Spain holidays: Tenerife urges UK Government to consider it as quarantine-free destination

Tenerife is fighting to be singled out as a special case destination, allowing holidaymakers to travel to the island without having to quarantine for 14 days on their return to the UK. In a bid to further encourage the UK Government to consider its suggestion, the island’s government has said it will pay for coronavirus test for tourists.

The hope is that by securing quarantine-free status the popular holiday island will be able to salvage its winter season set to begin in October.

Tenerife’s president Pedro Martín is urging UK officials to reconsider its current status.

“Our situation is different from other islands,” he said.

The president added that the nation would be willing to provide funding for the PCR tests if the Government decided to give them the go-ahead.

“We cannot consider the winter season lost and therefore we are making an effort so that the health reality of the island is taken into account,” he said.

Before the pandemic, Tenerife was the Canary island that received the highest number of visitors in 2019.

More than two million Britons visited the island in 2017 according to the most recent figures.

Yet, in the midst of the pandemic, its usually busy tourist season has been left in tatters.

Tenerife are now pointing to Germany as an example for the UK to follow.

Though Germany’s government is advising against travel to the Canaries, it has made Tenerife an exception and has not included the island in its veto.

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The same rule is in place in Belgium too.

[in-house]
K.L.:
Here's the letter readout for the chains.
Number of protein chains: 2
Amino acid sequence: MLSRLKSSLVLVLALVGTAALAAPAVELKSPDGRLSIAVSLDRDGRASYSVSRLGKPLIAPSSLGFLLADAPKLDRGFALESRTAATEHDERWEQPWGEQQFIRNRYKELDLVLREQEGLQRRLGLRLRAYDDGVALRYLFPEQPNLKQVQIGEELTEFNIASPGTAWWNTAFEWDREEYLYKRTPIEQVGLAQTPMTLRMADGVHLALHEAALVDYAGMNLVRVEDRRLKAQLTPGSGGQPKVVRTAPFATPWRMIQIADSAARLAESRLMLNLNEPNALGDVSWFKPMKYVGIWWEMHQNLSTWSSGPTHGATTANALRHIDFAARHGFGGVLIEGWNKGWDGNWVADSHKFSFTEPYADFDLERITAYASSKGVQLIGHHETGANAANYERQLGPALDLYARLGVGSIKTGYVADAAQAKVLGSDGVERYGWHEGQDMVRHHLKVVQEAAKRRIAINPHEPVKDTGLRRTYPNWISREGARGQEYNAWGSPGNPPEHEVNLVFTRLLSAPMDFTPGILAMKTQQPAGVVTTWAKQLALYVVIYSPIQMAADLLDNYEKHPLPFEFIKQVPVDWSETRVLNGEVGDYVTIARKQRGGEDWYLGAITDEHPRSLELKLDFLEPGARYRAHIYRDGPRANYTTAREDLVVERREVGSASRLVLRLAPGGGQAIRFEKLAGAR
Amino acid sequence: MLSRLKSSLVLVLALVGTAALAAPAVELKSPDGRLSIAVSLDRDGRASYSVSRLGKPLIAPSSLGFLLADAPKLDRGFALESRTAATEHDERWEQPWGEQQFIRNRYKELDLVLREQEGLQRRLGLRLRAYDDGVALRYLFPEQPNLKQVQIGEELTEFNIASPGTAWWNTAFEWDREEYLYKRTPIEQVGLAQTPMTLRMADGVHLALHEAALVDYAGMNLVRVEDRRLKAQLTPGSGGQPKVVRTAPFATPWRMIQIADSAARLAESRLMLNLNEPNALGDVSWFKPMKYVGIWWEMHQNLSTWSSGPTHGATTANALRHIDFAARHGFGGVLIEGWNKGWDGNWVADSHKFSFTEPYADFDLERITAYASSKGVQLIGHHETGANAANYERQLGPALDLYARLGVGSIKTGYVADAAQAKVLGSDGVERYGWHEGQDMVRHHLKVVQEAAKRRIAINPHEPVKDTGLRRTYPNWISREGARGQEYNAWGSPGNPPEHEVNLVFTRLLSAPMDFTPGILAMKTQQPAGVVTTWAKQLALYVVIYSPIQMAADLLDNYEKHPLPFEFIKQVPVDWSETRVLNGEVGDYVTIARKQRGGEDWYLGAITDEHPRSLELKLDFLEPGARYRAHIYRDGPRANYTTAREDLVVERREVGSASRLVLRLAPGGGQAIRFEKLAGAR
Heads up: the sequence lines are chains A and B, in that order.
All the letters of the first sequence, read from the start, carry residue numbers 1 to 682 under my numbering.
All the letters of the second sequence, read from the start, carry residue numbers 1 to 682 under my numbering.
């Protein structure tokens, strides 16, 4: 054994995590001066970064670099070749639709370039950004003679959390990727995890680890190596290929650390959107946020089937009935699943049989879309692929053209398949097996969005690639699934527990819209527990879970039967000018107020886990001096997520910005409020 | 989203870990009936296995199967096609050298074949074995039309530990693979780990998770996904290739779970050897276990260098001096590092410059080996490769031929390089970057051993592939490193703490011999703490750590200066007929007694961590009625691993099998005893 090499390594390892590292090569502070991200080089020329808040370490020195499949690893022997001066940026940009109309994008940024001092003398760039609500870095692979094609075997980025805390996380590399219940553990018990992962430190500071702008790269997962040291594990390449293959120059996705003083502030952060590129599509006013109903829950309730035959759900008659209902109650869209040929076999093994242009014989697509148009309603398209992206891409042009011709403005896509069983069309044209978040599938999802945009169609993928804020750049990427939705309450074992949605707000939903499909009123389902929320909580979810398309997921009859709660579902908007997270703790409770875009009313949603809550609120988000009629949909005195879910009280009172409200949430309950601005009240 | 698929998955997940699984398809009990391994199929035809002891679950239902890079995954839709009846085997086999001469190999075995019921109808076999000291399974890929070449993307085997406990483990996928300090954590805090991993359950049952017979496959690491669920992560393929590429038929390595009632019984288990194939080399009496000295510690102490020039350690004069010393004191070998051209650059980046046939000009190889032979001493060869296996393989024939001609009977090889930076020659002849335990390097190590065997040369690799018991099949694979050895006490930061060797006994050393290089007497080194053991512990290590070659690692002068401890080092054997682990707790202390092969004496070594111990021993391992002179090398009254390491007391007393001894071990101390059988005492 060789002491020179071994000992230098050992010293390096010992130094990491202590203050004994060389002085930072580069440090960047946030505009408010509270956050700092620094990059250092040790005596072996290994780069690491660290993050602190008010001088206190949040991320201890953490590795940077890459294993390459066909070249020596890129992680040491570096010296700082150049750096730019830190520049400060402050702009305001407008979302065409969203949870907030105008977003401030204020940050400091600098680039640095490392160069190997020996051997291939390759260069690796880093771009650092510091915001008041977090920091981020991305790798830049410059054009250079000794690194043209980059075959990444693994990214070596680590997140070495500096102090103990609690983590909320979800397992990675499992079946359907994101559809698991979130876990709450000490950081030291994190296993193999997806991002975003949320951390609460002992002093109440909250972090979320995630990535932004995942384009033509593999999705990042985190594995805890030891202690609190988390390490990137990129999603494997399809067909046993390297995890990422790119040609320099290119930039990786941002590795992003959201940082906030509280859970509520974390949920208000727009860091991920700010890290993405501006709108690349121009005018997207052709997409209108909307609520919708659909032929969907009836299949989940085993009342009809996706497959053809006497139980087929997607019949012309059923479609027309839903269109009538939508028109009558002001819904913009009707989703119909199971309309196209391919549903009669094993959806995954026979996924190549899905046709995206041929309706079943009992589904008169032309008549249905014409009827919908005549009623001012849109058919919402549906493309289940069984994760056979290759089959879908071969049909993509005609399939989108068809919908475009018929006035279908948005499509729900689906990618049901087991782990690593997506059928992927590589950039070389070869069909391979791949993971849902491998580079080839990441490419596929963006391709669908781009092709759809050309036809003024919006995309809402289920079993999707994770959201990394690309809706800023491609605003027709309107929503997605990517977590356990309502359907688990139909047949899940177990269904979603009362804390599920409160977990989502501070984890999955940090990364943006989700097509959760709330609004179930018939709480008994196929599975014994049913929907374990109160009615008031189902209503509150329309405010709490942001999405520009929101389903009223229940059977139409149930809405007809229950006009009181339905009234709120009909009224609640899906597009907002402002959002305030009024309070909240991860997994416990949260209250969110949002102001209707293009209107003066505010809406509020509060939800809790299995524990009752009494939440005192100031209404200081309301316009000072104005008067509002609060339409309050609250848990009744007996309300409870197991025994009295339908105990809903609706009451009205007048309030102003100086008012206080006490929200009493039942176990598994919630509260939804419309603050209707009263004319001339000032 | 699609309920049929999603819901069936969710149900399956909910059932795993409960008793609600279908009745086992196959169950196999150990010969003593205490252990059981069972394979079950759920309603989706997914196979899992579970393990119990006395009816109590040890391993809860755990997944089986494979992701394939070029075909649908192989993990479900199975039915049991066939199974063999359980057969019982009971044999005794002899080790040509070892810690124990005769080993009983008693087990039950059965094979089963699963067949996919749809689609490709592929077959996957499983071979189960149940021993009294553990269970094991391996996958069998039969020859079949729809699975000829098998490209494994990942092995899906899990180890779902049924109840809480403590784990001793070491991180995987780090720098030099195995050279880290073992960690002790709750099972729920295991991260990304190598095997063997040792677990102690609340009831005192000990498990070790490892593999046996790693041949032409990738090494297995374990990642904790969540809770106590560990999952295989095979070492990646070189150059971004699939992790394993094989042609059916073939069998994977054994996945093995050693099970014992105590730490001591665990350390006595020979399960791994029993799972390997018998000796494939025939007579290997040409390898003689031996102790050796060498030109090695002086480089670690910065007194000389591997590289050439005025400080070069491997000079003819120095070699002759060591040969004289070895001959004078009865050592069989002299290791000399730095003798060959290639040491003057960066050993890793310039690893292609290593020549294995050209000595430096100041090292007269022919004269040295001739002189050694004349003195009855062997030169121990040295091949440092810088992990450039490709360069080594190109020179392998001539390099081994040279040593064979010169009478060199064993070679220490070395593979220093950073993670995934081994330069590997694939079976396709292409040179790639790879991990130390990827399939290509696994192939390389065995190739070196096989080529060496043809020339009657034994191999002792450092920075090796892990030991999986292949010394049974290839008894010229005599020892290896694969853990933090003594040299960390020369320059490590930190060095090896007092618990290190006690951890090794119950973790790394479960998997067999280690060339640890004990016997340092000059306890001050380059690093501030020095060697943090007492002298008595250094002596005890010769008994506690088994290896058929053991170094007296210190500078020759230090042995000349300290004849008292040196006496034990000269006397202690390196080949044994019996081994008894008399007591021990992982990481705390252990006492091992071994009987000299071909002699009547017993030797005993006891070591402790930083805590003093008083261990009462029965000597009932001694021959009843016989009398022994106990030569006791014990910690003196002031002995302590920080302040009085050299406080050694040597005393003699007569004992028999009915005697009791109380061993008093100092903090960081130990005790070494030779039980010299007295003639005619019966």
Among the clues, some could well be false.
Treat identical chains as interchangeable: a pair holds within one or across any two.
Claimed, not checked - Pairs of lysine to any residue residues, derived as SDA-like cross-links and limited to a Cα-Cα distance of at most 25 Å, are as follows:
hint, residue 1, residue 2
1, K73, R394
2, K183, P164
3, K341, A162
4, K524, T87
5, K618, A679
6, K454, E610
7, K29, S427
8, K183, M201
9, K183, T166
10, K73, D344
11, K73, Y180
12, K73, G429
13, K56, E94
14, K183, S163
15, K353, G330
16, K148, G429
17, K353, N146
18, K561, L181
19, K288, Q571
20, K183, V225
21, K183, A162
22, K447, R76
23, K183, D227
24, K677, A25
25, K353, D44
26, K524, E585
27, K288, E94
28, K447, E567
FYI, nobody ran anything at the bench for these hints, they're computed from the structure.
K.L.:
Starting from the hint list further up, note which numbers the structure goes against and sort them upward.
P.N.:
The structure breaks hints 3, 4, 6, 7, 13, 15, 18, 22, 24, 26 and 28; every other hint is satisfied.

Mr Martín said this was an important achievement and showed that Belgium had viewed Tenerife’s coronavirus rates individually in comparison with the rest of the islands.

“We continue with contacts with representatives of the tourist-issuing countries, sending them specific information on the rate of contagion that we have, so that they value making the same decision as Belgium.

“At the moment the island is a safe destination and if we improve the data we should not consider the winter season lost.”

Mr Martín said Tenerife didn’t want to be included in the figures for the whole of the Canaries as this did not favour the island.

“We are making an effort to communicate abroad that in Tenerife the situation is different with 29.63 percent of infections per 100,000 inhabitants,” he said.

The island is still pressing for coronavirus tests on arrival and was prepared to finance them.

“Our surveys say that tourists are afraid of contagion on the plane, a circumstance that causes them to withdraw when travelling, along with others.

“It is also very important to lower the contagion curve on the island since, although the data is not bad, the reserves are linked to this index.”

Elsewhere in the Canary Islands, however, the figures are beginning to rise.

Tourist hotspots Lanzarote and Gran Canaria are particularly at risk.

Both could both face lockdowns in the coming days if measures to control coronavirus outbreaks don’t work or are not adhered to, it has been reported.

The warning has come from the president of the Canary Islands, Ángel Víctor Torres, who has called in 100 soldiers to help police amid the “worrying” situation.

Additional reporting by Rita Sobot

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